Neither opposition, nor the authorities are capable of resolving “deep crisis” separately and “all the responsible political forces” should “urgently” engage in meaningful negotiations, Irakli Alasania, leader of Alliance for Georgia, said on May 29.
Speaking at a news conference Alasania again outlined a three-pronged tactic, which he said should be applied in the opposition’s drive to achieve early elections. The plan involves “targeted, issue-based protest rallies,” instead of permanent protests; negotiations with the authorities based on the opposition-proposed six-point proposals and working with the international community in order to make them guarantors of opposition’s potential agreements with the authorities.
He also said that eventual goal of the talks should be overcoming crisis through early elections; he, however, also said that proper electoral environment was at first needed and the opposition’s six-point proposal, he added, was a good starting point for creating such environment.
“We are ready to initiate such process of negotiations within the next few days; we are ready to participate in such negotiations along with other political forces, which should result in holding of early presidential and parliamentary lections, but local elections can also become a matter of negotiations,” Alasania said, referring to the authorities proposal to hold early local elections in spring 2010, instead of late next year.
Asked whether he would agree on early parliamentary elections, instead of presidential if the authorities put forth such proposal, Alasania declined a direct answer and said it should become matter of negotiations.
“After the negotiations we can talk about what we can or cannot discuss with the authorities. Therefore, we cannot define it in advance,” he said.
He also said that he did not believe it required “more than several months” to create a proper electoral environment, wherein all the election stakeholders’ trust towards the electoral process would increase.
“Therefore, if there is a political will and agreement, I believe that the country will be ready for the elections by autumn,” Alasania said.
He also acknowledged that not all the opposition parties, behind the ongoing street protests, shared his views.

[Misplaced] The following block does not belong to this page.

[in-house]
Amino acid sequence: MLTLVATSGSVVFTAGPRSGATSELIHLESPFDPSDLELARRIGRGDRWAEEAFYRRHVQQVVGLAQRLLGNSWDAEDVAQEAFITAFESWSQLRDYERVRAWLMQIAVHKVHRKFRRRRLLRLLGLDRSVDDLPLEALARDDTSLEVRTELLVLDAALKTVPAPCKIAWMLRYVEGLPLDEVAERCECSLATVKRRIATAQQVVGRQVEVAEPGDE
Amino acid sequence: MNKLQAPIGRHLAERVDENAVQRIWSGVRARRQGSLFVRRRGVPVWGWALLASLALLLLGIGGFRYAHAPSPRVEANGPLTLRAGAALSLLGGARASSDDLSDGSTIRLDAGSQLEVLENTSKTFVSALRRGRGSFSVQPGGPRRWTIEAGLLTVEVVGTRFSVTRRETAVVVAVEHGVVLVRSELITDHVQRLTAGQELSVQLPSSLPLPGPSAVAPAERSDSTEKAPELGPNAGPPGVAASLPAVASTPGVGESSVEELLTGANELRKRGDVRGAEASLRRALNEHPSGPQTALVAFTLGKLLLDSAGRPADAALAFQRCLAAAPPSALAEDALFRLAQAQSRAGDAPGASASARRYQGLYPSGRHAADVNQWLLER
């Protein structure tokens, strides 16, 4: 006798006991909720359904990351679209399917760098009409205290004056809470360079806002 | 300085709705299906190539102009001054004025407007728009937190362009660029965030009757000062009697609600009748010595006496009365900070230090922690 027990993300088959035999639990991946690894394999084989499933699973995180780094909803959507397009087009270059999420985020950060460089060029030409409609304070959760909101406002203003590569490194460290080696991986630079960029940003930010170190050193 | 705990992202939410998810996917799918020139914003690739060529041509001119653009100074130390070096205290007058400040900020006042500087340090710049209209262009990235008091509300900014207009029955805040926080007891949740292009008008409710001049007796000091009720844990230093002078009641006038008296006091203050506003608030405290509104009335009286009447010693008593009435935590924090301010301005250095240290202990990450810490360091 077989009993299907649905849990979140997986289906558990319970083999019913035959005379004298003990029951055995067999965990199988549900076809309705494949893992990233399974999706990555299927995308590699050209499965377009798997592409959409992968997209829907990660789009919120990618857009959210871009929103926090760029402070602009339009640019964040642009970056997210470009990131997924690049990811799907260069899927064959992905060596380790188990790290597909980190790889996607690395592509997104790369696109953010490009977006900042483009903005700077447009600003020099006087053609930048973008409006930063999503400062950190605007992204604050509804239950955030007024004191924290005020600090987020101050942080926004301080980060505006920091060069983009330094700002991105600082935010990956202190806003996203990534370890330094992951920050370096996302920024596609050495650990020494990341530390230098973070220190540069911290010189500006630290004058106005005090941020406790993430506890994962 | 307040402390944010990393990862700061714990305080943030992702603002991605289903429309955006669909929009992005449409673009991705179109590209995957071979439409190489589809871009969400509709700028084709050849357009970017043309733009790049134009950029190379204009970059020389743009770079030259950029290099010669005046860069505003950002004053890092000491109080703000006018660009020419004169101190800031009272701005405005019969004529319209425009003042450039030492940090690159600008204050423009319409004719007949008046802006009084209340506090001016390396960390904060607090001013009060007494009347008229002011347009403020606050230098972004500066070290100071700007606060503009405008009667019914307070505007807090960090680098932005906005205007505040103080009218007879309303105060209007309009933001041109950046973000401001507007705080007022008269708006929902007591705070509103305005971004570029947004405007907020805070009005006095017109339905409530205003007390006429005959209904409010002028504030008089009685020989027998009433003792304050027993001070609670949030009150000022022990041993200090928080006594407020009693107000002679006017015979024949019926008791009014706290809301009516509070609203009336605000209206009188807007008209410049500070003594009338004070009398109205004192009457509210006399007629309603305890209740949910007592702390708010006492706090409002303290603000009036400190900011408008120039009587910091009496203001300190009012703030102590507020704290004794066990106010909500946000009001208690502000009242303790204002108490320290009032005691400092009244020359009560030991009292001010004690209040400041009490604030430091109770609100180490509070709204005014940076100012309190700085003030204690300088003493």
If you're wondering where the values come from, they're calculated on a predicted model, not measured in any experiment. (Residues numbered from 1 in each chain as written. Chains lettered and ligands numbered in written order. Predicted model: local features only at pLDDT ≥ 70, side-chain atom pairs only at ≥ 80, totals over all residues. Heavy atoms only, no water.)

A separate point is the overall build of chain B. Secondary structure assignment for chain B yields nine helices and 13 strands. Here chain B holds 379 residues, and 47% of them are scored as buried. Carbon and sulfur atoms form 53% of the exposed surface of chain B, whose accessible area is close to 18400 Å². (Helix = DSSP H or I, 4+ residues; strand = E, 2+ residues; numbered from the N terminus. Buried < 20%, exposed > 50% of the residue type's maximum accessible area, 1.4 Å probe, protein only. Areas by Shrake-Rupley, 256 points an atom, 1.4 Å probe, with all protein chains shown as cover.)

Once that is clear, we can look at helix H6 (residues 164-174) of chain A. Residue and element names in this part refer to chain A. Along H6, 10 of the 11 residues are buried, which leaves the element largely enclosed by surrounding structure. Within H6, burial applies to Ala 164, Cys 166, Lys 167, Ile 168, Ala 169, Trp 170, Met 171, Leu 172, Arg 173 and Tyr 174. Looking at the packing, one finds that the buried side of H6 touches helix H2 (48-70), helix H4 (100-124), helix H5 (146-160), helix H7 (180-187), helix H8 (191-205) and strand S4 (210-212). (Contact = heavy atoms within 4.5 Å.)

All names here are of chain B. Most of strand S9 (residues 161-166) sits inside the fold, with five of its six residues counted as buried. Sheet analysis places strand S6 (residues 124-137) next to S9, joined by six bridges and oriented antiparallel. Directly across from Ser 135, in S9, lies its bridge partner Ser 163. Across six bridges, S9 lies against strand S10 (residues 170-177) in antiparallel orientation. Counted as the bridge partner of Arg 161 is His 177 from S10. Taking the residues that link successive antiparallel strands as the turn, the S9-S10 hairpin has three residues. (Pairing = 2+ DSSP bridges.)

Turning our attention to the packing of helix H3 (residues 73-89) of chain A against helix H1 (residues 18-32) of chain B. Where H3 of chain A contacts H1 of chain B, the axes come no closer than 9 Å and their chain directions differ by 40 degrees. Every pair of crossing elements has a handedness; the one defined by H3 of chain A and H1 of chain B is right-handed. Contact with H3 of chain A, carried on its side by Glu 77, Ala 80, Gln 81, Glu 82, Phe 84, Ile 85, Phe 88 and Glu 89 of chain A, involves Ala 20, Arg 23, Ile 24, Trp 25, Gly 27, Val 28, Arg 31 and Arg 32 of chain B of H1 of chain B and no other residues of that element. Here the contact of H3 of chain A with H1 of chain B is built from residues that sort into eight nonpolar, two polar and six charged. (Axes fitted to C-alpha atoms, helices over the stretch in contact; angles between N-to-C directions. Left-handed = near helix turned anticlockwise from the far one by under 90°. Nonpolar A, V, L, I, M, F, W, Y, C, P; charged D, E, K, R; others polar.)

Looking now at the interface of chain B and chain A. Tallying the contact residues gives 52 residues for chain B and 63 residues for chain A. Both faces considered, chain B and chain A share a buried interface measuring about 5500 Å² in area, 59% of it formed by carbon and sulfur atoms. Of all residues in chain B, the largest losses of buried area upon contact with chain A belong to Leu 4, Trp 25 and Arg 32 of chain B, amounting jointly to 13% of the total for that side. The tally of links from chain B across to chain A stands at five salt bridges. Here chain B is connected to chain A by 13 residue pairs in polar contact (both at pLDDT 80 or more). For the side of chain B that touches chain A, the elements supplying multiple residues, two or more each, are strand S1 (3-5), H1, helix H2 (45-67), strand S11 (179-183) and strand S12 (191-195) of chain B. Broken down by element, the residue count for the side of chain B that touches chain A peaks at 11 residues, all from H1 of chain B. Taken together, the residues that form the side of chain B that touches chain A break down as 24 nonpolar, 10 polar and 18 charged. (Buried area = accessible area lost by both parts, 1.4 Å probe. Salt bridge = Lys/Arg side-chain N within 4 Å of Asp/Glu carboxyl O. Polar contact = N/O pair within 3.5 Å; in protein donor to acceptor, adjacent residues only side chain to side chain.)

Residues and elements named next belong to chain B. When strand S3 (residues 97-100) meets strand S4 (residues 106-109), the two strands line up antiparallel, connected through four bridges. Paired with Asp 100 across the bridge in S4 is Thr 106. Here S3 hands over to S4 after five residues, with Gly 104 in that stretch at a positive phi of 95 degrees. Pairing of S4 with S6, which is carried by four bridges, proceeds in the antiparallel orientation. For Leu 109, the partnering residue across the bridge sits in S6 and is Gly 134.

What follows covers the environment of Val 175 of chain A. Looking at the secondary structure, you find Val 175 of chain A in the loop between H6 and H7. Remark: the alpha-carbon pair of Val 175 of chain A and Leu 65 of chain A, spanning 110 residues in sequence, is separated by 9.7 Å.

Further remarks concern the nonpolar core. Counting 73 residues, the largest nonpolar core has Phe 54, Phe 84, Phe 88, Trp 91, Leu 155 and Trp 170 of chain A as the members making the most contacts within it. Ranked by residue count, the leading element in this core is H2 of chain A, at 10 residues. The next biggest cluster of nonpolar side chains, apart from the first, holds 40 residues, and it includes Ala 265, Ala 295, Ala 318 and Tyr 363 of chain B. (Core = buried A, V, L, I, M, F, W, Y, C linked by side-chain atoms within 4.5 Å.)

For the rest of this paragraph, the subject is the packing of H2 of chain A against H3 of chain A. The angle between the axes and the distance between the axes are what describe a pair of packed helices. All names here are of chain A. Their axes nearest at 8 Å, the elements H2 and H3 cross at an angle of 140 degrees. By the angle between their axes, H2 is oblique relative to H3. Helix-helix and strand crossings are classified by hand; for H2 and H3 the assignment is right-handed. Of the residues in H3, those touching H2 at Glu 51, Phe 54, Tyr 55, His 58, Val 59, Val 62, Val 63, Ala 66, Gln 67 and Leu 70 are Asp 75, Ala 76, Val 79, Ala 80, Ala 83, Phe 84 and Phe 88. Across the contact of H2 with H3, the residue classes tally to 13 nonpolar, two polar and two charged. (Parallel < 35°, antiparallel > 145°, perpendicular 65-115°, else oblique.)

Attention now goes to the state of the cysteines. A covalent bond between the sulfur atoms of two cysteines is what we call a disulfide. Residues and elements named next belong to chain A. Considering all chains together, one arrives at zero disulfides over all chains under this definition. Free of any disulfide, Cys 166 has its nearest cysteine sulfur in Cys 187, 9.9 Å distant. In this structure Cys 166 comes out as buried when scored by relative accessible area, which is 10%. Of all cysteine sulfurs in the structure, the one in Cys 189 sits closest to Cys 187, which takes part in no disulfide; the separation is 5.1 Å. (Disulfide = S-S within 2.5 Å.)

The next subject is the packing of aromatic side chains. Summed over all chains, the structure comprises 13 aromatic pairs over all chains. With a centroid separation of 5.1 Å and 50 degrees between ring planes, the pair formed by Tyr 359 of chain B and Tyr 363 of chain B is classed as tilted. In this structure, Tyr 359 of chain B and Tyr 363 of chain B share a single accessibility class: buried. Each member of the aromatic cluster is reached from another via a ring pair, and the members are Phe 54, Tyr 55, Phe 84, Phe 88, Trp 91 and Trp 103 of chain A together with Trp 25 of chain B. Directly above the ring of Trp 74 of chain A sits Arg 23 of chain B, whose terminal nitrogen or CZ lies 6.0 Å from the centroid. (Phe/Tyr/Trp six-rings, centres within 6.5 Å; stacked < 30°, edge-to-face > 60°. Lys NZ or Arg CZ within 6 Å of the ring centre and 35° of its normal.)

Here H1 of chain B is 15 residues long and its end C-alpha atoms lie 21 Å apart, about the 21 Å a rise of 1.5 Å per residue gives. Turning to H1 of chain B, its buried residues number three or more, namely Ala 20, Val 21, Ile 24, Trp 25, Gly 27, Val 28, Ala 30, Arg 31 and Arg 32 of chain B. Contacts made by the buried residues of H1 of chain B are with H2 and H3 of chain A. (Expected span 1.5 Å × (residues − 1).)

“There are some political forces, which do not trust the process of negotiations. They also think that the negotiating process will weaken protest momentum. But I think otherwise; I think that our efforts should be directed towards all directions – both to protests and to negotiations. These two directions complement each other,” Alasania said.
Eka Beselia of the Movement for United Georgia, a party founded by ex-defense minister, who is among those rejecting such approach, said that talks with the authorities should be held only one issue: “on terms of Saakashvili’s resignation.” She said that if anyone wanted to negotiate on some other issues “they can do that separately, without having the mandate of my party.” Nino Burjanadze, leader of Democratic Movement-United Georgia, also believes that negotiations would yield no results with the authorities.
Irakli Alasania also said on May 29 that his political team, which in June would transform into a formal political party, would have “a selective approach” to the protest rallies and would not participate in those which would aim at blocking key highways and “other strategic facilities.”
He also said that the protest rallies in a form, which they had been taking place since April 9 “plaid an important role, but now it is time to revise that strategy as we are moving on a new stage.” Alasania said that the rallies should now focus on concrete problems persisting in various sectors and the protests should be targeting respective state agencies.